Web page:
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Understanding the fate of Arctic atmospheric mercury (Hg) deposition – A Hg stable isotope investigation of redox processes and Hg re-emissions

Periodic Reporting for period 1 - MEROXRE (Understanding the fate of Arctic atmospheric mercury (Hg) deposition – A Hg stable isotope investigation of redox processes and Hg re-emissions)

Reporting period: 2015-04-01 to 2017-03-31

Mercury (Hg) is a pollutant of global concern for human and ecosystem health. This is particularly true in the Arctic where indigenous populations are excessively exposed to dietary Hg from fish and marine mammal consumption. The deposition of Hg from the atmosphere to Earth surfaces and its re-emission via biogeochemical reduction processes determine Hg concentrations in Earth surface reservoirs, such as soils, snow, and runoff into Arctic lakes and surface Ocean. Stable Hg isotopes are a promising new tool to identify the dominant pathways of atmospheric Hg deposition and potential re-emission processes. We investigated the Hg isotope signatures of different plant species, organic and mineral soil horizons and bedrock of the Arctic tundra at Toolik Field Station, Alaska. We measured stable Hg isotope signatures of atmospheric Hg0, Hg0 in interstitial snow and soil air and Hg in snow, representing atmospheric HgII scavenged during snowfall or deposited during halogen-driven atmospheric mercury depletion events (AMDE). The results suggest that vegetation uptake of gaseous elemental mercury from the atmosphere is the dominant deposition pathway to the terrestrial ecosystem, and contributes about 70% to Hg in organic soils. We have observed large mass-independent Hg isotope anomalies in snow during spring, with minimal D199Hg values of -1.4‰, which are in agreement with previously observed Hg isotope signatures during the AMDE season at the Arctic coast. However, the transfer of HgII from AMDE's to the terrestrial ecosystem does not represent a significant source (0-5 %), suggesting that most HgII deposited during AMDE's was re-emitted prior to snow-melt. The Hg isotope signatures in the soils and the atmosphere showed no indication for substantial re-emission of gaseous elemental mercury from the soils. The Hg stable isotope results agreed well with micro-metrological flux measurements conducted at the same location. Both independent approaches suggest that vegetation uptake of gaseous elemental Hg represents the dominant Hg flux between the atmosphere and Arctic tundra soils and they thus represent a net sink for atmospheric Hg. Changes in environmental conditions, such as warming and thawing of permafrost due to climate change or fires could however lead to a remobilization of the large Hg pool stored in Arctic tundra soils.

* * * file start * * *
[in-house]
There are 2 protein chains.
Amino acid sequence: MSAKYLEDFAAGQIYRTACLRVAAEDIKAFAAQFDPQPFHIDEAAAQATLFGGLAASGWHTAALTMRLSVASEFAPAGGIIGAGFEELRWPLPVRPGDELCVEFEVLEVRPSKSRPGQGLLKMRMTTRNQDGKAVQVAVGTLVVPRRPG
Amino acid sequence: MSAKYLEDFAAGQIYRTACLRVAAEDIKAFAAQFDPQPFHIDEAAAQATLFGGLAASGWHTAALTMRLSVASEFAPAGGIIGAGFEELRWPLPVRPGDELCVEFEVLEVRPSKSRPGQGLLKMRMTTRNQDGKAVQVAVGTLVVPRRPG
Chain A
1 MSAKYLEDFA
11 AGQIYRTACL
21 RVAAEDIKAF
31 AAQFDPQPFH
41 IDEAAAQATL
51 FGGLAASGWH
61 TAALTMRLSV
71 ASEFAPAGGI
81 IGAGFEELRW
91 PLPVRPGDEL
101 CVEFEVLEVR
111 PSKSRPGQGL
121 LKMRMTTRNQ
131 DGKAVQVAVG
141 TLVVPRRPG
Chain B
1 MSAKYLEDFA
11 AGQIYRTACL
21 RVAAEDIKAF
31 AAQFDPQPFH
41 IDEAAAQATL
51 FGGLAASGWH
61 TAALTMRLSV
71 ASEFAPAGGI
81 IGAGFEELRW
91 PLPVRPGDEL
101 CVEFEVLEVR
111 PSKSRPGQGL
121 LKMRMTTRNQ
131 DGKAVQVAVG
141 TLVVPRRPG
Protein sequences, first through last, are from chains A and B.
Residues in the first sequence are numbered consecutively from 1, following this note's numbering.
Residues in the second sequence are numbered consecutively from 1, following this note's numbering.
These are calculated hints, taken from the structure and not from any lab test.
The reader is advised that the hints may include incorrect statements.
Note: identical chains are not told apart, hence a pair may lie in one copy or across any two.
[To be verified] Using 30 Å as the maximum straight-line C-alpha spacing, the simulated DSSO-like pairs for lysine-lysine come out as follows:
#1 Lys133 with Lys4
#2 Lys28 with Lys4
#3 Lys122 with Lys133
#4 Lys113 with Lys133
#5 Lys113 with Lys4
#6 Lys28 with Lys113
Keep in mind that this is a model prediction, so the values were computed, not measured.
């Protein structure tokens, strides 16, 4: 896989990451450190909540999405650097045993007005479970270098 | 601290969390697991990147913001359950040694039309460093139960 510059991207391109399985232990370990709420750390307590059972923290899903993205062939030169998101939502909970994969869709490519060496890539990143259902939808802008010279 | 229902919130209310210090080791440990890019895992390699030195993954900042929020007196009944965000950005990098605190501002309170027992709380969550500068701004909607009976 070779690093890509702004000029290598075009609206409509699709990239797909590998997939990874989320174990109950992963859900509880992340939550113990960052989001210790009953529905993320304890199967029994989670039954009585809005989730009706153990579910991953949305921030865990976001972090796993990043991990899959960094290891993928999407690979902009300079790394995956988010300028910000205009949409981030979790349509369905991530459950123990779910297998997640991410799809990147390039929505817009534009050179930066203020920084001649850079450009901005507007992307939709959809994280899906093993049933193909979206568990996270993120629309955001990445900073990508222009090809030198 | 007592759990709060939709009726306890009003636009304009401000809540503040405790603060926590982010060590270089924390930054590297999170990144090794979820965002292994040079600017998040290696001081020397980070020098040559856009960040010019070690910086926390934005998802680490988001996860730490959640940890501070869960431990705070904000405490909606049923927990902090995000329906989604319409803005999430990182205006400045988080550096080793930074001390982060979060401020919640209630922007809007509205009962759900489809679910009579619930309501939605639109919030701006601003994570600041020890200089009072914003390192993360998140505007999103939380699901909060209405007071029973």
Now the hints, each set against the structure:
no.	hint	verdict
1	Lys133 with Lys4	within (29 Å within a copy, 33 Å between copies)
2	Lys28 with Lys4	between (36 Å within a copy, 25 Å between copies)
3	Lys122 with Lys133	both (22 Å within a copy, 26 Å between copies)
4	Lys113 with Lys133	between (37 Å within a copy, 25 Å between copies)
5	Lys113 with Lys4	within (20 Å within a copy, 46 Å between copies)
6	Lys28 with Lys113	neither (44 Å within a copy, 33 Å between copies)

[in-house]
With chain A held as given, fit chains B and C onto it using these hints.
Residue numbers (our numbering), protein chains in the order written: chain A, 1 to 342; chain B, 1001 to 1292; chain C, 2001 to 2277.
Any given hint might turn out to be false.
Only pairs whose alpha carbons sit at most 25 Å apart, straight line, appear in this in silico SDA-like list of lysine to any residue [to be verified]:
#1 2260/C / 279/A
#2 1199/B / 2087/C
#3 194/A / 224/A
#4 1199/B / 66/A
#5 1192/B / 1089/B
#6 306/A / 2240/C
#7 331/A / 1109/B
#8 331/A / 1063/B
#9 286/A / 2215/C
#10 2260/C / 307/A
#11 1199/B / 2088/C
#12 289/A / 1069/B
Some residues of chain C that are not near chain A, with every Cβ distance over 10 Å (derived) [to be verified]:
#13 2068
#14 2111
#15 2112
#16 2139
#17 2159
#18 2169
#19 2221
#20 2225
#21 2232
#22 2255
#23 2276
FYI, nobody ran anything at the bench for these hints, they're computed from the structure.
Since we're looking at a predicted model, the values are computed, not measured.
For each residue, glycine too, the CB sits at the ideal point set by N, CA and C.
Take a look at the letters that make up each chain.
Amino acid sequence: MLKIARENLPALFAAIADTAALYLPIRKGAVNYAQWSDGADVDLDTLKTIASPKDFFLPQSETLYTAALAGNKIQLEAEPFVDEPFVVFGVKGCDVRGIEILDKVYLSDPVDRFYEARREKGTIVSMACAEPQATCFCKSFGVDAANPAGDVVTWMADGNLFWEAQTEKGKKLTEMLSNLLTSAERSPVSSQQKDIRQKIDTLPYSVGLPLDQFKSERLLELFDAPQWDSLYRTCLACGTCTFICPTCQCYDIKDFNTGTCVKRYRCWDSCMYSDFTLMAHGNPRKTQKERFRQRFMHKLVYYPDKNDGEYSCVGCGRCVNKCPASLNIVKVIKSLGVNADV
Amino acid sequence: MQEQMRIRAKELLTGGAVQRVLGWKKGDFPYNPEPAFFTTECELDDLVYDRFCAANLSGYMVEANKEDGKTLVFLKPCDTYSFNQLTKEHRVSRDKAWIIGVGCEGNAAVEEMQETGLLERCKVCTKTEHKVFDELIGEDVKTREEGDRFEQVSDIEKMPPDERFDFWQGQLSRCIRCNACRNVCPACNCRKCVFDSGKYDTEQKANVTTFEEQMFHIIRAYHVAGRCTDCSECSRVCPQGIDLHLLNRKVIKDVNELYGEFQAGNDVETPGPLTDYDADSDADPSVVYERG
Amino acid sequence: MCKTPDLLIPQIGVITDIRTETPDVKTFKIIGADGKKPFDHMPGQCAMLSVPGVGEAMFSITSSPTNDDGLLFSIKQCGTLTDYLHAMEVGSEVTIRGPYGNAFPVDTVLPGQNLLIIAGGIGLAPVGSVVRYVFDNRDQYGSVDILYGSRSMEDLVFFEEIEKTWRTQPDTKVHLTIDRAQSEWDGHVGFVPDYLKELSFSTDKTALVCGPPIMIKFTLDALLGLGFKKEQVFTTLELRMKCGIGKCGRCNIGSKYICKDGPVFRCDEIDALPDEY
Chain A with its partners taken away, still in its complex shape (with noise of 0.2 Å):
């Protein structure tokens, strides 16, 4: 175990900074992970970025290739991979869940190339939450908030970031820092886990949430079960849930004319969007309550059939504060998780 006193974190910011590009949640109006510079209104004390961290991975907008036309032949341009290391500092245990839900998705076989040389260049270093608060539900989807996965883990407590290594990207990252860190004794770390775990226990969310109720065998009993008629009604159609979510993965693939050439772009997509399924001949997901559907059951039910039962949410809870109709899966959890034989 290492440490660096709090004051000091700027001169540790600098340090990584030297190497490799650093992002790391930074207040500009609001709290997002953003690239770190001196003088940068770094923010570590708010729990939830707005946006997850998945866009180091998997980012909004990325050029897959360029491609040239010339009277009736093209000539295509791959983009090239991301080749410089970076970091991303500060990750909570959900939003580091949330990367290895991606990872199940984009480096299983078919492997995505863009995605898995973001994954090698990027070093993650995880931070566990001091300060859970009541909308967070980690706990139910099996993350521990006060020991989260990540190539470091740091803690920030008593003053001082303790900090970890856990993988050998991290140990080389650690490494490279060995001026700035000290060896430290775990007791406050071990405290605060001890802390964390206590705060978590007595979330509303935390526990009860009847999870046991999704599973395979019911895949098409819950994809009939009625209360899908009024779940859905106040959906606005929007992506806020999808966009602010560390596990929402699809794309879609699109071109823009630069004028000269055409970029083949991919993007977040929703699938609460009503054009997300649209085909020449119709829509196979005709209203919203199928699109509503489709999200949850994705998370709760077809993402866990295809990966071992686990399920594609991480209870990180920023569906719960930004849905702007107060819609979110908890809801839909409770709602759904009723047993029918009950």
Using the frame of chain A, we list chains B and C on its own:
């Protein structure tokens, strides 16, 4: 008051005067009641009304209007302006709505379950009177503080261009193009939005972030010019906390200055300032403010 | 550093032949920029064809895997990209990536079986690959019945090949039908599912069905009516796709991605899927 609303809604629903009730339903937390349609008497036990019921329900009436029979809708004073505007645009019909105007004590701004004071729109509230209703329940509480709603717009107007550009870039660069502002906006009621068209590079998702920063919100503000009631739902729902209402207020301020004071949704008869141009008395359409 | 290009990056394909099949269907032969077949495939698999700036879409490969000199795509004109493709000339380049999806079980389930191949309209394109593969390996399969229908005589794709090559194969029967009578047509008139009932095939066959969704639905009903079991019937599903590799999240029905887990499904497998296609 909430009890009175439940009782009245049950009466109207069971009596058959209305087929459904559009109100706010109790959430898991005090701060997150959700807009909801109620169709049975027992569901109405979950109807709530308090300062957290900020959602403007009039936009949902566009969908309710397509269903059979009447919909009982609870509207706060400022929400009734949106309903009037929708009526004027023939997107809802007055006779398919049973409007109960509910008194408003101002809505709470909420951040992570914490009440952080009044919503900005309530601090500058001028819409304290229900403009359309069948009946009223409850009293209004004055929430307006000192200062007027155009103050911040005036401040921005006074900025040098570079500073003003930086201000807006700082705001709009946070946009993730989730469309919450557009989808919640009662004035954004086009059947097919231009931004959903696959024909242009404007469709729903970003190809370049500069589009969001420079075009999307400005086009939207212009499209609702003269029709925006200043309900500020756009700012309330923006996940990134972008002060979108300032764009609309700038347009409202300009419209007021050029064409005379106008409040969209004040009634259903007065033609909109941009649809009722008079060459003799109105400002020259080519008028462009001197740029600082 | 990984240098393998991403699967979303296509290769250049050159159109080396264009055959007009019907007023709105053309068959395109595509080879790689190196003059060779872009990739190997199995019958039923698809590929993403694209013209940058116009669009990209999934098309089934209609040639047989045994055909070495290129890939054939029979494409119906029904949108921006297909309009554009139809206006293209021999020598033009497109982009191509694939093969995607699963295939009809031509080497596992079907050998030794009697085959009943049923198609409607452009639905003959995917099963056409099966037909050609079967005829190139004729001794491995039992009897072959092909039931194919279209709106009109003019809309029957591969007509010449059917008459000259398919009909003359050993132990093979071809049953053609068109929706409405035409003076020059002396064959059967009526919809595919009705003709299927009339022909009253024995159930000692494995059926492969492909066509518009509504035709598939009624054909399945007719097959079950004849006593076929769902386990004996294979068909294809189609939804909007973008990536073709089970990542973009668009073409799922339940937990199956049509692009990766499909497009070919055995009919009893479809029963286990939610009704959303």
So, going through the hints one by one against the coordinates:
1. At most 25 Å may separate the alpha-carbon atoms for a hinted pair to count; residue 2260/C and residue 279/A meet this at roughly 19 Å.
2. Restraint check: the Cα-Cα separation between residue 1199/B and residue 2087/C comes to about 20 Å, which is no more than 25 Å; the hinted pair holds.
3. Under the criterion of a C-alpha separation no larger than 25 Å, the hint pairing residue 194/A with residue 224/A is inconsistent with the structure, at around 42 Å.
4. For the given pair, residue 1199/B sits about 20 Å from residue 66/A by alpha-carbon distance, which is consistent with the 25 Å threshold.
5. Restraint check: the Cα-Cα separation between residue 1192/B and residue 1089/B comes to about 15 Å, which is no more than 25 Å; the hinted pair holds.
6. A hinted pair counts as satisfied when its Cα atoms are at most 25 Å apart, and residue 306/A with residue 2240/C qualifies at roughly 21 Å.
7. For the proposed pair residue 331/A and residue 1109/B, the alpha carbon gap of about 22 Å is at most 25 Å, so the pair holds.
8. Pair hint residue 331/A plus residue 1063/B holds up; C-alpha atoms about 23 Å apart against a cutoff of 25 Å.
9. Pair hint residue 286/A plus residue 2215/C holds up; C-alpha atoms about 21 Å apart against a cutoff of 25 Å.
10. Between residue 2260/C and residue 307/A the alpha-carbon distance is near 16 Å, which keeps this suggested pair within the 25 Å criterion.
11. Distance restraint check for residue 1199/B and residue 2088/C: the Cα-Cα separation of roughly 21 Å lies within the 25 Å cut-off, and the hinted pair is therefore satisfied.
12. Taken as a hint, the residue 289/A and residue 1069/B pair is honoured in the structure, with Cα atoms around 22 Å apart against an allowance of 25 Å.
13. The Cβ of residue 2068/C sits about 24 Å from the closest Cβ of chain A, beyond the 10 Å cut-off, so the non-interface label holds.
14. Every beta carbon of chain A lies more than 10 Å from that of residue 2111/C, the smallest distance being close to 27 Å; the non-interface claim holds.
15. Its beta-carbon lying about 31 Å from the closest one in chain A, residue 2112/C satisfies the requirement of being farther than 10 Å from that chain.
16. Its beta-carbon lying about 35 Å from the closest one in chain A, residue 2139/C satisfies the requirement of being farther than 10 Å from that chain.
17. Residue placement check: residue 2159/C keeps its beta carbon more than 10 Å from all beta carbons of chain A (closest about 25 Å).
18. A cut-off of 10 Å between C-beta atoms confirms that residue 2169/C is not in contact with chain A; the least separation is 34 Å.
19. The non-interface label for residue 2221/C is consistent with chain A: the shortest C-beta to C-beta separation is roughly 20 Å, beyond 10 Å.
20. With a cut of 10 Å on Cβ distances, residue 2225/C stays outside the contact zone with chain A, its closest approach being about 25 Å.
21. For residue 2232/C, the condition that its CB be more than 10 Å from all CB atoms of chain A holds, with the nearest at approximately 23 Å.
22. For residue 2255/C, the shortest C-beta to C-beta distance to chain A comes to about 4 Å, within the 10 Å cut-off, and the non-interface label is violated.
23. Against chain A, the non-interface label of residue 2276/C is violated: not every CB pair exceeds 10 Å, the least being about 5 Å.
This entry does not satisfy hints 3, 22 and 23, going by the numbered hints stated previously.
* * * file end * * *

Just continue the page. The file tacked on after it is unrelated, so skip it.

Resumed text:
- Between 1.4.2015 and 30.7.2015 ER Martin Jiskra (MJ) purcheased the componants to build a Hg isotope samling system, able to collect atmospheric Hg0 at six individual lines (Figure 2 center). The system was built in the lab of GET in Toulouse and tested.

- Between 2.8.2015 and 22.8.2015 MJ travelled to Toolik Field Station (TFS) in Alaska, to install the atmospheric Hg0 sampling system and collect soil and vegetation samples.

- From 5.8.2015 to 10.9.2016 the Hg isotope sampling system was operating and sampling gaseous Hg0 at 6 Inlets (1 Atmosphere inlet, 3 interstitial snow air inlet and 2 soil inlets). Samples were manually changed every 6 to 8 weeks during regular field visits of the team. In total 8 periods of 6 samples were collected and analyzed for Hg isotope composition.

- Between 20.3.2016 - 8.4.2016 MJ visited TFS for sampling of snow and sample pre-oncentration in the field using a newly developed purge-and-trap system (Figure 2, top right). Samples were brought back to Toulouse France for Hg stable isotope analysis.

- Between 21.6.2016 and 1.7.2016 MJ visited TFS for the installation of a new Hg isotope sampling system (Prototype MIMO), capable to sample Hg at the outlet of a commercial Hg concentration analyzer (Tekran 2637X) (Figure 2 bottom).

- September 2015 and January 2017 MJ processed the soil, vegetation and air samples uning a two-stage oven and analyzed the samples for it's Hg stable isotope composition using the MC-ICPMS of GET, CNRS in Toulouse.

- From January 2016 to March 2017, MJ was working together with RS (Tianjin University), on the validation of a new 1D-box model. The Hg isopope fractionation factor during foliar uptake of Hg0 from the atmosphere, determined from the Hg isotope measurements of atmospheric and vegetation samples at Toolik represented an important componant of the global Hg isotope model.
Mercury is a top priority pollutant of the European comission. The European Union has signed the Minamata convention on Mercury in October 2013 and the ratification is under progress. In the MEROXRE Project we find that tundra uptake of atmospheric elemental Hg is driving arctic Hg pollution and that variations in atmospheric Hg concentrations are largely influenced by plant uptake of atmospheric Hg. These findings are novel and are currently in press with the journal Nature. On the long-term MEROXRE findings will help to improve the monitoring efforts by countries required from the Minamata convention. We ask the environmental agencies to addapt their Hg monitoring strategies and intensify efforts in assessing Hg0 deposition fluxes to terrestrial surfaces.
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